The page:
She heard the bell ring before she was ready. When she went into the drawing room it was not he, but Yashvin, who met her eyes. Vronsky was looking through the photographs of her son, which she had forgotten on the table, and he made no haste to look round at her.
“We have met already,” she said, putting her little hand into the huge hand of Yashvin, whose bashfulness was so queerly out of keeping with his immense frame and coarse face. “We met last year at the races. Give them to me,” she said, with a rapid movement snatching from Vronsky the photographs of her son, and glancing significantly at him with flashing eyes. “Were the races good this year? Instead of them I saw the races in the Corso in Rome. But you don’t care for life abroad,” she said with a cordial smile. “I know you and all your tastes, though I have seen so little of you.”
“I’m awfully sorry for that, for my tastes are mostly bad,” said Yashvin, gnawing at his left mustache.
Having talked a little while, and noticing that Vronsky glanced at the clock, Yashvin asked her whether she would be staying much longer in Petersburg, and unbending his huge figure reached after his cap.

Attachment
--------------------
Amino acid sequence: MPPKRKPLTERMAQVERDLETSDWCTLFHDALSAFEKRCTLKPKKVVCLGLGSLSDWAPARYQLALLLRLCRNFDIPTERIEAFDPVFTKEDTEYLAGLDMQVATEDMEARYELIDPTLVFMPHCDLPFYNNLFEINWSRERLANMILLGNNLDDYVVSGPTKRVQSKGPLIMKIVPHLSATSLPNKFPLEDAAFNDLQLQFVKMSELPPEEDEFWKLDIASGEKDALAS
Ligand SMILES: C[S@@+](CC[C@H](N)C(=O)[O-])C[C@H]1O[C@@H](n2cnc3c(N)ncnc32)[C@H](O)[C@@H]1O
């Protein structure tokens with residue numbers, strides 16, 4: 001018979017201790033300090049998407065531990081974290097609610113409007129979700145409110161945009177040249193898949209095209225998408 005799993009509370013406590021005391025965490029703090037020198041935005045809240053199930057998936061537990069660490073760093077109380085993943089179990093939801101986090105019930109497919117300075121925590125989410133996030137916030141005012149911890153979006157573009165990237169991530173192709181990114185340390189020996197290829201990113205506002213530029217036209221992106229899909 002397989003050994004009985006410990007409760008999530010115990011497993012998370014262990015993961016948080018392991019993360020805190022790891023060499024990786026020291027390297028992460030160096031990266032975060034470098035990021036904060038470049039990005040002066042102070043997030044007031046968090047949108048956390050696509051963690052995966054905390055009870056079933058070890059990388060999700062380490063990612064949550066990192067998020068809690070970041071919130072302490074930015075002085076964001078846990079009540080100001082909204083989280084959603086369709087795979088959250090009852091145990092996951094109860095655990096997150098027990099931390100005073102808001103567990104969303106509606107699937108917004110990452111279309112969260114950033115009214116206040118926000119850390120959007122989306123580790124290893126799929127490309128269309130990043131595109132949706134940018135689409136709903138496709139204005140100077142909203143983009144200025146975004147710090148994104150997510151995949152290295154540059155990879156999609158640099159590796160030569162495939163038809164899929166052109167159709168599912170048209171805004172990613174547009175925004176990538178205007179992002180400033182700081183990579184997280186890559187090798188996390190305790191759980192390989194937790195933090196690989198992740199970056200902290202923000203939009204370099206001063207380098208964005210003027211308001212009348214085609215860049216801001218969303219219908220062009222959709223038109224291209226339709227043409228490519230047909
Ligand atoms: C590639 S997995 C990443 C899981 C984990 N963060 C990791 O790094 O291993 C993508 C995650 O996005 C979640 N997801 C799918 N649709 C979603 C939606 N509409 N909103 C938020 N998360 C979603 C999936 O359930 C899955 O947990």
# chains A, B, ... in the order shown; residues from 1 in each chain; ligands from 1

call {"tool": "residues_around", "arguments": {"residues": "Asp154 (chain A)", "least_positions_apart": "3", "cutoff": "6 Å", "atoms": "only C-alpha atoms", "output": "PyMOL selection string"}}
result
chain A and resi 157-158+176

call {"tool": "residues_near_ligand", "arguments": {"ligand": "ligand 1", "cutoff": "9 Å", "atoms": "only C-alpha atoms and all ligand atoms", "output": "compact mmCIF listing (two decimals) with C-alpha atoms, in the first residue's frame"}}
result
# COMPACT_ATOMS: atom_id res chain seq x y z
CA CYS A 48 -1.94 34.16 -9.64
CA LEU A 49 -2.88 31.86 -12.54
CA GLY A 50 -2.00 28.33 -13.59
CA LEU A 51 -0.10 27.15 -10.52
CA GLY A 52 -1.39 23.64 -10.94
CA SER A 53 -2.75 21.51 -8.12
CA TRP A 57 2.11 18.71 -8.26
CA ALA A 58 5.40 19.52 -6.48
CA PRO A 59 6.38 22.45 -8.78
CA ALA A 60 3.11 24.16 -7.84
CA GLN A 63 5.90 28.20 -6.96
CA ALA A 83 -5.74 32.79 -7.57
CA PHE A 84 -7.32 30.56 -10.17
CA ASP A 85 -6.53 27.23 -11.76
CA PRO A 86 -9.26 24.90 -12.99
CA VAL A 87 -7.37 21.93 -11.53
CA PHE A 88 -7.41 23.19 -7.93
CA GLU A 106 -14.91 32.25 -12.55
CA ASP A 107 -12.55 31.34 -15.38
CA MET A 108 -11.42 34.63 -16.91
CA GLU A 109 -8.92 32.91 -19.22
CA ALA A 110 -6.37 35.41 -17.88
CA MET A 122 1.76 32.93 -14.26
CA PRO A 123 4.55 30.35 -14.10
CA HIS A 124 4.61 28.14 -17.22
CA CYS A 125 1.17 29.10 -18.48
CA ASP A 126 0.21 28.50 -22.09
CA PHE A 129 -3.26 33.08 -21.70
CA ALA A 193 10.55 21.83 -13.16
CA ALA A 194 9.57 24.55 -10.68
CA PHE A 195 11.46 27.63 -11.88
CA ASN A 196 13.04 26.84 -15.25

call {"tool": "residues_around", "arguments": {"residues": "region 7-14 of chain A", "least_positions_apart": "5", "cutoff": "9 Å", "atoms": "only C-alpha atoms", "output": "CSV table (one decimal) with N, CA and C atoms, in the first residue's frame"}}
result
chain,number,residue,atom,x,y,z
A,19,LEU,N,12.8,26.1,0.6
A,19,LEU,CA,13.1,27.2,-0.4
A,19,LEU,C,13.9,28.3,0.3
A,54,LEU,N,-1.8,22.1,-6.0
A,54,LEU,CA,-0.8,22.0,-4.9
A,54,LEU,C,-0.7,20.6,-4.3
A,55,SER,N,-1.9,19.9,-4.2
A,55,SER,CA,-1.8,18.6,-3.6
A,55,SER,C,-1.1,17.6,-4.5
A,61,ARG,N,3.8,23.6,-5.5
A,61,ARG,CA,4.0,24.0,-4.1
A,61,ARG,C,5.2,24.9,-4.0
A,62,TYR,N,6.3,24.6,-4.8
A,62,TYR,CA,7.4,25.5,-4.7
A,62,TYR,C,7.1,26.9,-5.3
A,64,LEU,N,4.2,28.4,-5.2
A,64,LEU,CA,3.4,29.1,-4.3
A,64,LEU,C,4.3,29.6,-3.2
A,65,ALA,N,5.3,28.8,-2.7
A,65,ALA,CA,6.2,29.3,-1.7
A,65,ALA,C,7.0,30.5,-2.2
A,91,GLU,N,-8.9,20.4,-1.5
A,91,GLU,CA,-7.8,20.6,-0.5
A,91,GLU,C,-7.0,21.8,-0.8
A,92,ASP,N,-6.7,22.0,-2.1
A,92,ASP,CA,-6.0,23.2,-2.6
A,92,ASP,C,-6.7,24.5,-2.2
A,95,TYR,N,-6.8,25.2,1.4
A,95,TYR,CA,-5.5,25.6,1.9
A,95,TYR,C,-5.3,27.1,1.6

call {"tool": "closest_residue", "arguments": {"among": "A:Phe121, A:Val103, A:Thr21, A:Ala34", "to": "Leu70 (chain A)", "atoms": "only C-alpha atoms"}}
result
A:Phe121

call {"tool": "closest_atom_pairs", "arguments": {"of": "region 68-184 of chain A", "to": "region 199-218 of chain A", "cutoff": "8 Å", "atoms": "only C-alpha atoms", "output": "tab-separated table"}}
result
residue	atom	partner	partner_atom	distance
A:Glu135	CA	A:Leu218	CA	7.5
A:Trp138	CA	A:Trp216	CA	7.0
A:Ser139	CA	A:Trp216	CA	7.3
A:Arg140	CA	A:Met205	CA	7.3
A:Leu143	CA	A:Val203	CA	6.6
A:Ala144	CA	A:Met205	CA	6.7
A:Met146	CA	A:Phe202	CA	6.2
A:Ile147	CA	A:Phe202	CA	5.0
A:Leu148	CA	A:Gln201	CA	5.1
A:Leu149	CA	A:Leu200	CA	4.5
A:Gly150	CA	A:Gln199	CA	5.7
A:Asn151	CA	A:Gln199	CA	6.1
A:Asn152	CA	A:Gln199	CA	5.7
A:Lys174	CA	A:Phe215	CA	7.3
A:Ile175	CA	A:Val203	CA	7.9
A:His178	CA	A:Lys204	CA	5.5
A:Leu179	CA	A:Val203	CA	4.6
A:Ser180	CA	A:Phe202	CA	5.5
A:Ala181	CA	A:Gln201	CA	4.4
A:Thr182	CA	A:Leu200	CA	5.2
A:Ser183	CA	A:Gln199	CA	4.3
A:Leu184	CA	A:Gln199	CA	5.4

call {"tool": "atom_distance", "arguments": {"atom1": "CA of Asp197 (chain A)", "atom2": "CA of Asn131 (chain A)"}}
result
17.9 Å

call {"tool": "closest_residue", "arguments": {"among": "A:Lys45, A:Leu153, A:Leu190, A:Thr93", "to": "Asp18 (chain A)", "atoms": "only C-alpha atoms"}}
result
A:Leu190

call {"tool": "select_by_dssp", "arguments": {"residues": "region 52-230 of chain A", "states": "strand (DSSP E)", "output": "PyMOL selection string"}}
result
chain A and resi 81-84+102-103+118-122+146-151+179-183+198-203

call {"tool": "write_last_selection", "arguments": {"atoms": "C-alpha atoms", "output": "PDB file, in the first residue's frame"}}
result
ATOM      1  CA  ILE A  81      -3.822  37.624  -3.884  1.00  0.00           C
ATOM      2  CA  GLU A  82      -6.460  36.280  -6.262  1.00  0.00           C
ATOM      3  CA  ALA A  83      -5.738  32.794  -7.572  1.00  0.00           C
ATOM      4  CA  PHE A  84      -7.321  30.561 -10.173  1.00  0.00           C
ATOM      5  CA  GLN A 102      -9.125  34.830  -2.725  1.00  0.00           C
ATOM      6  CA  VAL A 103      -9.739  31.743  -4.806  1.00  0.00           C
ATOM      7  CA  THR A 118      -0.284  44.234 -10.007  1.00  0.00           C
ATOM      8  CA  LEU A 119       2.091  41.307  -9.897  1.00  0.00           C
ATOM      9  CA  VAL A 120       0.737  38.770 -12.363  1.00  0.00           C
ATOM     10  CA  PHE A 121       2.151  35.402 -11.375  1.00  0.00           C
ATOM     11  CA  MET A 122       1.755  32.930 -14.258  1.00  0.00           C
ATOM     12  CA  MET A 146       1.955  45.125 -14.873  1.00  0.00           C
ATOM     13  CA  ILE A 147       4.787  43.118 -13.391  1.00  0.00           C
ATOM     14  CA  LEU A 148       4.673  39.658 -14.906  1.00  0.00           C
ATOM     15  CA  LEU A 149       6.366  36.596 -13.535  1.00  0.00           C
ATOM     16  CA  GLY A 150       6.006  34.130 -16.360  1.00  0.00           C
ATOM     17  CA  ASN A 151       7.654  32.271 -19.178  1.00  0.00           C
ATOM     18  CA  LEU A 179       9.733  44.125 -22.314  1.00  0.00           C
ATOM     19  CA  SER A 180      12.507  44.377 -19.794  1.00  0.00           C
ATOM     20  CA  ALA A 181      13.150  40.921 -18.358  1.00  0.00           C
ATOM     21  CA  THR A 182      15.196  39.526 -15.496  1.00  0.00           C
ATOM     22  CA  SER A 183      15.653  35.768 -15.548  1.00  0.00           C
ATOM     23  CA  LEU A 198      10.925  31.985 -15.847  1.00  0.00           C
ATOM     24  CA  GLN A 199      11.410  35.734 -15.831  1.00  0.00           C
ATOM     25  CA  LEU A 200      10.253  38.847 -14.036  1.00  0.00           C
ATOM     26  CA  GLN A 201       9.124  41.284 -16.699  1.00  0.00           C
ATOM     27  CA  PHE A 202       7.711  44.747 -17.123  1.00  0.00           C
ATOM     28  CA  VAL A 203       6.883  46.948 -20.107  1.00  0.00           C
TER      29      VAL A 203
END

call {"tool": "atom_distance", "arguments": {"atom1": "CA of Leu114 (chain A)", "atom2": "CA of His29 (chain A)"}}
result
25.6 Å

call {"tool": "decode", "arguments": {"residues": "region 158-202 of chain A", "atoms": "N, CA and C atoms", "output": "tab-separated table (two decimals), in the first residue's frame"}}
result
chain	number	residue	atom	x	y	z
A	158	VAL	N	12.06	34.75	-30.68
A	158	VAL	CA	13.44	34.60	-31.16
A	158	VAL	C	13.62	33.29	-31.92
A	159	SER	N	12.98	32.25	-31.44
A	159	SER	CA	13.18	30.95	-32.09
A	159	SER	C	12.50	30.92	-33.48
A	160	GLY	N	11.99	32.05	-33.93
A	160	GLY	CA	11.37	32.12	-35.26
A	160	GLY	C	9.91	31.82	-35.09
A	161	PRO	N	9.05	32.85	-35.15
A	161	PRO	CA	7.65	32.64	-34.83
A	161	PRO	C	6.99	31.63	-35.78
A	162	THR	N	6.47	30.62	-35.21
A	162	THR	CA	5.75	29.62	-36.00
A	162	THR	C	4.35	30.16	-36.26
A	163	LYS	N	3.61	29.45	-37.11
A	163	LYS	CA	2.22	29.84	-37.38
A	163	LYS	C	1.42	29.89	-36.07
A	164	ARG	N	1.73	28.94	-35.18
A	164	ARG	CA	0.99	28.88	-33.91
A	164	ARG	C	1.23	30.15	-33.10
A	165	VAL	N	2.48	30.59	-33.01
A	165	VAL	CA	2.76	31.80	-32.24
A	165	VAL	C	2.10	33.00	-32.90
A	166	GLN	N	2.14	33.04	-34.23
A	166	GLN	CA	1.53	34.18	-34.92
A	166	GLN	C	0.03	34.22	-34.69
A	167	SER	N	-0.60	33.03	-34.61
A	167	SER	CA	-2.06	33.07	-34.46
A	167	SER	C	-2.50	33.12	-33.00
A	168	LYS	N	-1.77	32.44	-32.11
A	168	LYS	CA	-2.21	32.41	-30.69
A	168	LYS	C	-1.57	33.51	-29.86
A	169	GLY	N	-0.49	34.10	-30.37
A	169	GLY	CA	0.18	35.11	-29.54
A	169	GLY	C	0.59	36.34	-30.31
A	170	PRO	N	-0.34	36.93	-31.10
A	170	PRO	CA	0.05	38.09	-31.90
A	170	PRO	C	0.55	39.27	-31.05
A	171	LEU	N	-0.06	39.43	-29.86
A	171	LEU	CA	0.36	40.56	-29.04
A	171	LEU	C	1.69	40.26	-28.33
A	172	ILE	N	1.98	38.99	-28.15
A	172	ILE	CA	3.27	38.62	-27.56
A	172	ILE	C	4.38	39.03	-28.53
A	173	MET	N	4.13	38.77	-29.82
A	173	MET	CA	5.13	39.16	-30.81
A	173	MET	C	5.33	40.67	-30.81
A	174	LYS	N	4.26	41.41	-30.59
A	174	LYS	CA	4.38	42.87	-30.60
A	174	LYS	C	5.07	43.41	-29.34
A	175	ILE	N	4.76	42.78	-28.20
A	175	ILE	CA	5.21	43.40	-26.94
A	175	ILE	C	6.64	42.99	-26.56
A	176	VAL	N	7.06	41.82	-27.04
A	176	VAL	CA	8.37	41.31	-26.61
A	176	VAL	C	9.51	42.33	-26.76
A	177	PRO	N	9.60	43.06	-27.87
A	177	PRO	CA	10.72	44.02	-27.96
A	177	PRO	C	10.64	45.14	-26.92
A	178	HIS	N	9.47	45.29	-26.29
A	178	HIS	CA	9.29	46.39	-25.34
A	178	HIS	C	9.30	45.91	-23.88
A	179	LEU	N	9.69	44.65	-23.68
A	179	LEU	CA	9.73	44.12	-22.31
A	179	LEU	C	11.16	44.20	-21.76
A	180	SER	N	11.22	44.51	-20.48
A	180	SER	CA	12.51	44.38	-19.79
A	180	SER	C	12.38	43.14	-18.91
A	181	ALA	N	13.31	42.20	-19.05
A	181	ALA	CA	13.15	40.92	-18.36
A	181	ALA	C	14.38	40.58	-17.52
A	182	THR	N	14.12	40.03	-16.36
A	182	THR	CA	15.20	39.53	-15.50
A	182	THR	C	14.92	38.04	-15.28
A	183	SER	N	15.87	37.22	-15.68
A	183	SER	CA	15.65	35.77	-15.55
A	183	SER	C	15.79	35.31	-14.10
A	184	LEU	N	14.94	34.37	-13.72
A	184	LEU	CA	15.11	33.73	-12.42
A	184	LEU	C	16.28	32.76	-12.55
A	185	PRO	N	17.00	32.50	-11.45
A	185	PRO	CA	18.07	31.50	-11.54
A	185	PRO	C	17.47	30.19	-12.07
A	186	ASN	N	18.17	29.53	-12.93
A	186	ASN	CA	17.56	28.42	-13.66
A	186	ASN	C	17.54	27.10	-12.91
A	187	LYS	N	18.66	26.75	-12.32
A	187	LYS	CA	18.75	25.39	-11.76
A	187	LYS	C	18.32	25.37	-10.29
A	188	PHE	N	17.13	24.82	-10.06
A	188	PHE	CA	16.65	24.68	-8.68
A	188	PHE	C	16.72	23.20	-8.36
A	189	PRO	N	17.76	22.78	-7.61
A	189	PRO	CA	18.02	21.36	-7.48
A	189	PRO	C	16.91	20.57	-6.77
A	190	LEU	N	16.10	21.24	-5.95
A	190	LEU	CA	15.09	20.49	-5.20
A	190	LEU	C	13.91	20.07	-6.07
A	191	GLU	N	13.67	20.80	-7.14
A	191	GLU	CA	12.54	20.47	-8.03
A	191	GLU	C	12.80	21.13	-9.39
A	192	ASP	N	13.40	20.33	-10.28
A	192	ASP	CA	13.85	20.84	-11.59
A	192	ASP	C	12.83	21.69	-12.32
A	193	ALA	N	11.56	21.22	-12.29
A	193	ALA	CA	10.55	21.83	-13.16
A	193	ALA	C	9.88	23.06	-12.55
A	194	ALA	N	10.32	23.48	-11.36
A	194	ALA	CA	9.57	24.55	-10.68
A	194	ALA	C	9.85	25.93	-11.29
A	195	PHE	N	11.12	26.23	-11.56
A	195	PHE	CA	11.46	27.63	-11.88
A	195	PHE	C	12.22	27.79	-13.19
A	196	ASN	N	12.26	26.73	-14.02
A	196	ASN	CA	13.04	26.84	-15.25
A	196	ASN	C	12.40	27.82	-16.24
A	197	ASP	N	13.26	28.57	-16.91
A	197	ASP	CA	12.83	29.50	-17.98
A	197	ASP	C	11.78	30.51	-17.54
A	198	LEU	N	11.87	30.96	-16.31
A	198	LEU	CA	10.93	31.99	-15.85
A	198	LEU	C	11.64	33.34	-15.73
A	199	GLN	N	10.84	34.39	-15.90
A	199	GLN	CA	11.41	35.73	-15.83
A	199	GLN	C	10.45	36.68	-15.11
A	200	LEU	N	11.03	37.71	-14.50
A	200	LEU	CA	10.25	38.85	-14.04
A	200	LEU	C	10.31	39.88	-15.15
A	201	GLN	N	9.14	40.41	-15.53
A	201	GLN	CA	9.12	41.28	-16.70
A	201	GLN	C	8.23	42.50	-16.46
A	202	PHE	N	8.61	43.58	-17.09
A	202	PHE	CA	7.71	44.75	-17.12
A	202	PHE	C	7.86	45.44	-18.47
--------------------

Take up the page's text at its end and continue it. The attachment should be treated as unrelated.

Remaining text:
“Not long, I think,” she said hesitatingly, glancing at Vronsky.
“So then we shan’t meet again?”
“Come and dine with me,” said Anna resolutely, angry it seemed with herself for her embarrassment, but flushing as she always did when she defined her position before a fresh person. “The dinner here is not good, but at least you will see him. There is no one of his old friends in the regiment Alexey cares for as he does for you.”
“Delighted,” said Yashvin with a smile, from which Vronsky could see that he liked Anna very much.
Yashvin said good-bye and went away; Vronsky stayed behind.
“Are you going too?” she said to him.
“I’m late already,” he answered. “Run along! I’ll catch you up in a moment,” he called to Yashvin.
She took him by the hand, and without taking her eyes off him, gazed at him while she ransacked her mind for the words to say that would keep him.
“Wait a minute, there’s something I want to say to you,” and taking his broad hand she pressed it on her neck. “Oh, was it right my asking him to dinner?”
“You did quite right,” he said with a serene smile that showed his even teeth, and he kissed her hand.
“Alexey, you have not changed to me?” she said, pressing his hand in both of hers. “Alexey, I am miserable here. When are we going away?”
“Soon, soon. You wouldn’t believe how disagreeable our way of living here is to me too,” he said, and he drew away his hand.
“Well, go, go!” she said in a tone of offense, and she walked quickly away from him.